April 6 | Working While Black | Tanya Wallace-Gobern and Thomas Shapiro

L to R: Tanya Wallace-Gobern and Thomas Shapiro
ACT at MIT

Tuesday, April 6
1pm EST
Virtual Event

Free event. Registration required. Sign up here.

The Spring 2021 Black Mobility and Safety in the US Lecture Series continues with the theme of Working While Black, and we welcome Tanya Wallace-Gobern and Thomas Shapiro.

Tanya Wallace-Gobern became the Executive Director of the National Black Worker Center Project in June 2016. She brings over 20 years of experience in labor and community organizing. Tanya began her career immediately following college graduation, when she trained with the Organizing Institute of the AFL-CIO.  Soon after that, her desire to organize Black workers led her to work for the Amalgamated Clothing and Textile Workers Union (ACTWU — a predecessor union of Unite HERE) and move to the Southeast where she worked as a lead organizer in that region.  Later, she created the AFL-CIO’s Historical Black College Recruitment program in order to increase the number of Blacks among union leadership and staff. Prior to joining the NBWC Tanya worked for the Coalition of Kaiser Permanente Unions and ran their national field operation.

Thomas Shapiro is the David R. Pokross Professor of Law and Social Policy at The Heller School for Social Policy and Management, Brandeis University. Professor Shapiro’s primary interest is in racial inequality and public policy. He is a leader in the asset development field with a particular focus on closing the racial wealth gap. The Hidden Cost of Being African American: How Wealth Perpetuates Inequality (2004) was widely reviewed, including by the Washington Post, Boston Globe, and others. The book was named one of the Notable Books of 2004 by The St. Louis Post-Dispatch. With Dr. Melvin Oliver, he wrote the award-winning Black Wealth/ White Wealth, which received the 1997 Distinguished Scholarly Publication Award from the American Sociological Association. This book also won the 1995 C. Wright Mills Award from the Society for the Study of Social Problems, and the Gustavus Myers Center for the Study of Human Rights in North America named it an Outstanding Book of 1996.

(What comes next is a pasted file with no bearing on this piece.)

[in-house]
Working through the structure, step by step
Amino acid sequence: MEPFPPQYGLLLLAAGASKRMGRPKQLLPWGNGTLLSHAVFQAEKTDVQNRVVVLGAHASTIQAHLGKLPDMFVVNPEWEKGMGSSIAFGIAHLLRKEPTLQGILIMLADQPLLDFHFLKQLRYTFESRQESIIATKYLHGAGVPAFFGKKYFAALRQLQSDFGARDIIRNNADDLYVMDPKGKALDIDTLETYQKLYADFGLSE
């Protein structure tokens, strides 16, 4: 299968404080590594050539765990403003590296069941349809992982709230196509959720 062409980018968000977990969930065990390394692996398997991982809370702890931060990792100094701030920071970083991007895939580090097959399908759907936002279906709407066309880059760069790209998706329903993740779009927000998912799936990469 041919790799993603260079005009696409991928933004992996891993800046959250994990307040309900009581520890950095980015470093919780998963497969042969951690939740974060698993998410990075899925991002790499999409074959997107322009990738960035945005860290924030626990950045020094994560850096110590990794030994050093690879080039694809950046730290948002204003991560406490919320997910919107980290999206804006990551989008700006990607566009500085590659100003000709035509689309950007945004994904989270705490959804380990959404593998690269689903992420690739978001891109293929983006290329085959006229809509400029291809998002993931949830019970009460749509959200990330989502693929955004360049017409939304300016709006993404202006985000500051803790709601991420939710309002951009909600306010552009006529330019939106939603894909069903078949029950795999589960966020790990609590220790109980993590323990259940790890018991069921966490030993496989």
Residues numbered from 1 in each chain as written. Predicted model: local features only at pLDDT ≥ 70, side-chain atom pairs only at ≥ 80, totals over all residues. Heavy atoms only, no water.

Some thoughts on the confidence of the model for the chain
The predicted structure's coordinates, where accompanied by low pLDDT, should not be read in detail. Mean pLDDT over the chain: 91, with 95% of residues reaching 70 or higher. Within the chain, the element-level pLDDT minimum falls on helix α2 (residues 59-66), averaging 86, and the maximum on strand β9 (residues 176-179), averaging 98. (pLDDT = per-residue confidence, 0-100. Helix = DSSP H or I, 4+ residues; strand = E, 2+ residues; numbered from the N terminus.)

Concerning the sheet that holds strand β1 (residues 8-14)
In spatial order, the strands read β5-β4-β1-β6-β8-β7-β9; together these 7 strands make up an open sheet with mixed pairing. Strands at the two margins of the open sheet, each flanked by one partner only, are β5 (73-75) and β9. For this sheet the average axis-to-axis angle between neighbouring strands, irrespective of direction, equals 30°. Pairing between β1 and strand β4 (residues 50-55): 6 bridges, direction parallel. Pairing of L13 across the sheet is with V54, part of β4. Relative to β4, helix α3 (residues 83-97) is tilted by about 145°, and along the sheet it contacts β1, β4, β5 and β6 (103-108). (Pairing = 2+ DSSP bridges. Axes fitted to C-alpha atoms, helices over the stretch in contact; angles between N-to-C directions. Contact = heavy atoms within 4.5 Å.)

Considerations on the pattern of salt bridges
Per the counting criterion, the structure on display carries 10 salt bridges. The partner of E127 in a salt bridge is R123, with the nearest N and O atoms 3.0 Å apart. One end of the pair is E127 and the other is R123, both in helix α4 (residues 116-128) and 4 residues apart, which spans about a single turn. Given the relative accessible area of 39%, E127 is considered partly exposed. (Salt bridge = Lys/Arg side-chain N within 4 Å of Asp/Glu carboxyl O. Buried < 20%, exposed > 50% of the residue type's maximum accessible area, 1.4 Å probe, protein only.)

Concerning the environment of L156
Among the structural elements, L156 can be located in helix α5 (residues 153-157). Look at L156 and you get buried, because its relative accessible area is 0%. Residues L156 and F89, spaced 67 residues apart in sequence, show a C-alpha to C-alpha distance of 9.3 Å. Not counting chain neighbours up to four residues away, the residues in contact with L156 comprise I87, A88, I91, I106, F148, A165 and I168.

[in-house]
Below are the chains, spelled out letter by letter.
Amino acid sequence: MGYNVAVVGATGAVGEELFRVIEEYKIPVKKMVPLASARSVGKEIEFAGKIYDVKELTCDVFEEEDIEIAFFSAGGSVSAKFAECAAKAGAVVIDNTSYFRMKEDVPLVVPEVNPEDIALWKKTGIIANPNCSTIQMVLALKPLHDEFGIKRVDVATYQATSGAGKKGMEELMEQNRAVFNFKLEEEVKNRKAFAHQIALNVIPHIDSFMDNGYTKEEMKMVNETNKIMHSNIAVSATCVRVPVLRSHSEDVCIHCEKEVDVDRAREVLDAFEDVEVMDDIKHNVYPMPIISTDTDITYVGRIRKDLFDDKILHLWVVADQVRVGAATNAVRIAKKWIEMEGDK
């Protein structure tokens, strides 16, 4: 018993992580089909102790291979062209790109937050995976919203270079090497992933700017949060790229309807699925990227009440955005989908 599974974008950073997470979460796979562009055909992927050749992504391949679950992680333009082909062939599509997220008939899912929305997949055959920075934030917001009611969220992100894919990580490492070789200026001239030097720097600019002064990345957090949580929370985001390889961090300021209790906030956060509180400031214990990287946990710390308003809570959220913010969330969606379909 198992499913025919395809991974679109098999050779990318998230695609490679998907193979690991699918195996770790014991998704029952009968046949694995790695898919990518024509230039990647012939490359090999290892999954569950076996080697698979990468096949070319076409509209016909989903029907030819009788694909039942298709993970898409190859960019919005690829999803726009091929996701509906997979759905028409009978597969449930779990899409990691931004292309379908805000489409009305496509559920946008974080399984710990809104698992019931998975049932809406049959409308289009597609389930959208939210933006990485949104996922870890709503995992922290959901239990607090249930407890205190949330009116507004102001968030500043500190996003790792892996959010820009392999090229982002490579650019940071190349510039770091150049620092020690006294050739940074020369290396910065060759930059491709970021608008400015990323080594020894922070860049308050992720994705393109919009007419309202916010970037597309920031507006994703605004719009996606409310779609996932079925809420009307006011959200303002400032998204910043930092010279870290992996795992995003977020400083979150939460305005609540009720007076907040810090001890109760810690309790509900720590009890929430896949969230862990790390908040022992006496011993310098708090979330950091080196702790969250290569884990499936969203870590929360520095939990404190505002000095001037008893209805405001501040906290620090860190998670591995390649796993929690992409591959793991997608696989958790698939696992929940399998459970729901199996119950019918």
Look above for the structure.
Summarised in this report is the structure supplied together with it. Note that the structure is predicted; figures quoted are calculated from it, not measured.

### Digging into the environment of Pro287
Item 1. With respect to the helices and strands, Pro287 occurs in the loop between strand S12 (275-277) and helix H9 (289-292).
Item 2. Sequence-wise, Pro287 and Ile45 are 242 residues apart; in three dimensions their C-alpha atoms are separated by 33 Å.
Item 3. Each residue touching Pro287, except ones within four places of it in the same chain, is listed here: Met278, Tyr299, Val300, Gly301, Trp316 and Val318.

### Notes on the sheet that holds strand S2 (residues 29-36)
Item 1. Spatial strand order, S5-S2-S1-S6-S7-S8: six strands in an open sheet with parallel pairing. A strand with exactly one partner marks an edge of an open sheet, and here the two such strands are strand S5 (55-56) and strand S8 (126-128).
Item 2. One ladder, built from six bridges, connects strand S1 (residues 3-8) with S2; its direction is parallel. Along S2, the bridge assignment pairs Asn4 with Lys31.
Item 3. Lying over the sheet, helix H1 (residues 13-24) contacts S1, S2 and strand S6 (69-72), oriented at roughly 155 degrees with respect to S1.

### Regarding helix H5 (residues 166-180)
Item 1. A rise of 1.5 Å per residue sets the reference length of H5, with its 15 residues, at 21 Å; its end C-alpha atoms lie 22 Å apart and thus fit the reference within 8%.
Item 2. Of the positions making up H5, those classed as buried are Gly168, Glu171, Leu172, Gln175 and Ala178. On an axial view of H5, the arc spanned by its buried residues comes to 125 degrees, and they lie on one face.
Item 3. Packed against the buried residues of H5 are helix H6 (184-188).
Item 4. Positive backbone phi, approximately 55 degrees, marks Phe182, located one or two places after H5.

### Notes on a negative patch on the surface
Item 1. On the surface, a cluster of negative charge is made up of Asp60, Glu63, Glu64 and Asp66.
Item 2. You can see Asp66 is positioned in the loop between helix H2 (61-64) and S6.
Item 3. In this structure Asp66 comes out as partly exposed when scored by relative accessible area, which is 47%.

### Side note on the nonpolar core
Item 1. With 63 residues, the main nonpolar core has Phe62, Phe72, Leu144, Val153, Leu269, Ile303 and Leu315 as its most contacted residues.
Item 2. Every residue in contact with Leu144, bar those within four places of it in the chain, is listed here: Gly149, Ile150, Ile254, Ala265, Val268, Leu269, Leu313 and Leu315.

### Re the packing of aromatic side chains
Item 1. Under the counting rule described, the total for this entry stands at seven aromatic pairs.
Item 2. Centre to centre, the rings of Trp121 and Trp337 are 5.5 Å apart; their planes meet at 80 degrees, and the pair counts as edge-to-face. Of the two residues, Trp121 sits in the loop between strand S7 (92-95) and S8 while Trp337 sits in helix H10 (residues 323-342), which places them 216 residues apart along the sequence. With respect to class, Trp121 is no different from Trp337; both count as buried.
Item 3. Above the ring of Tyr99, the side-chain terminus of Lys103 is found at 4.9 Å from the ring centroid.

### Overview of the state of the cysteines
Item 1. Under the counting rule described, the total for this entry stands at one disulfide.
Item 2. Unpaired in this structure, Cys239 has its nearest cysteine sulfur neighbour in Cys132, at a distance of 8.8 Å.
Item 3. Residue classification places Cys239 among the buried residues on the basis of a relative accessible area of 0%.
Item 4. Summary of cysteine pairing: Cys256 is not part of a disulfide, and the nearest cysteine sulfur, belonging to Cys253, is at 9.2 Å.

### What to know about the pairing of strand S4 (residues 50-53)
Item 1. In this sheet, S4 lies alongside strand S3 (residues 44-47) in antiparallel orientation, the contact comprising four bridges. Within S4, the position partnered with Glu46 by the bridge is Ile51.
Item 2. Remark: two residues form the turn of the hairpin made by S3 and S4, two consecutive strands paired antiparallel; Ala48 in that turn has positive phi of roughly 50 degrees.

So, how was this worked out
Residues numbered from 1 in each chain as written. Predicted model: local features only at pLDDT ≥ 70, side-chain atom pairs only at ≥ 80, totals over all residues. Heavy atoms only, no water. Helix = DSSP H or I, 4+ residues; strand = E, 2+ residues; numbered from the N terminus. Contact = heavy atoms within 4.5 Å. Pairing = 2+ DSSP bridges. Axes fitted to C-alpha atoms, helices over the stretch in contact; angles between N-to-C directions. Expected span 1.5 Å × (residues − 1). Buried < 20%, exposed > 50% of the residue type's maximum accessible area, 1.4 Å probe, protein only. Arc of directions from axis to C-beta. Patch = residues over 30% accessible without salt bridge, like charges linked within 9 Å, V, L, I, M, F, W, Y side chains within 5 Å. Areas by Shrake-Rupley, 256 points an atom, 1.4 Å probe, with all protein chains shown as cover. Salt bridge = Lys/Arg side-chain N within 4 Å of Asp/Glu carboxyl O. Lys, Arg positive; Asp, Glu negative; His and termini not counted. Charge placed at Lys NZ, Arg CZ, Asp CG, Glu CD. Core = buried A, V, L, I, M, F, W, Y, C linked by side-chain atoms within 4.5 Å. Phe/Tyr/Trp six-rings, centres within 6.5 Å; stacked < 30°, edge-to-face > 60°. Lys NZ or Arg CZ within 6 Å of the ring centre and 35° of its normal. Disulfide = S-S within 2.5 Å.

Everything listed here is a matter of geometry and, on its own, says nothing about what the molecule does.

Continuing from fall 2020, ACT is co-presenting the series of public guest lectures that coincide with Ekene Ijeoma’s Black Mobility and Safety in the US course. Focusing on the theme of living while Black, this semester’s topics will include: learning, voting, driving, working, and loving while Black.

In this seminar and studio, Ijeoma will guide students to listen, learn, reflect and respond to issues around mobility (physical, mental, socio-economical, political, etc) and safety for Black Americans through words, images, and sounds that reference social science and anti-racist research. Weekly meetings will be organized around public lectures from guests ranging from designers and urban planners to activists and social scientists, and private individual presentations for the group.

Part of a two-semester course, Black Mobility and Safety in the US is organized into two-week topics around living while Black. The first semester (Fall 2020) will include: birthing, breathing, sleeping, eating, and walking; the second: learning, voting, driving, working, and loving. By the end of each semester, students will have the resources and tools to actively listen and respond critically to issues of Black mobility in the context of their own fields and their purposes.

Free event. Registration required. Sign up here.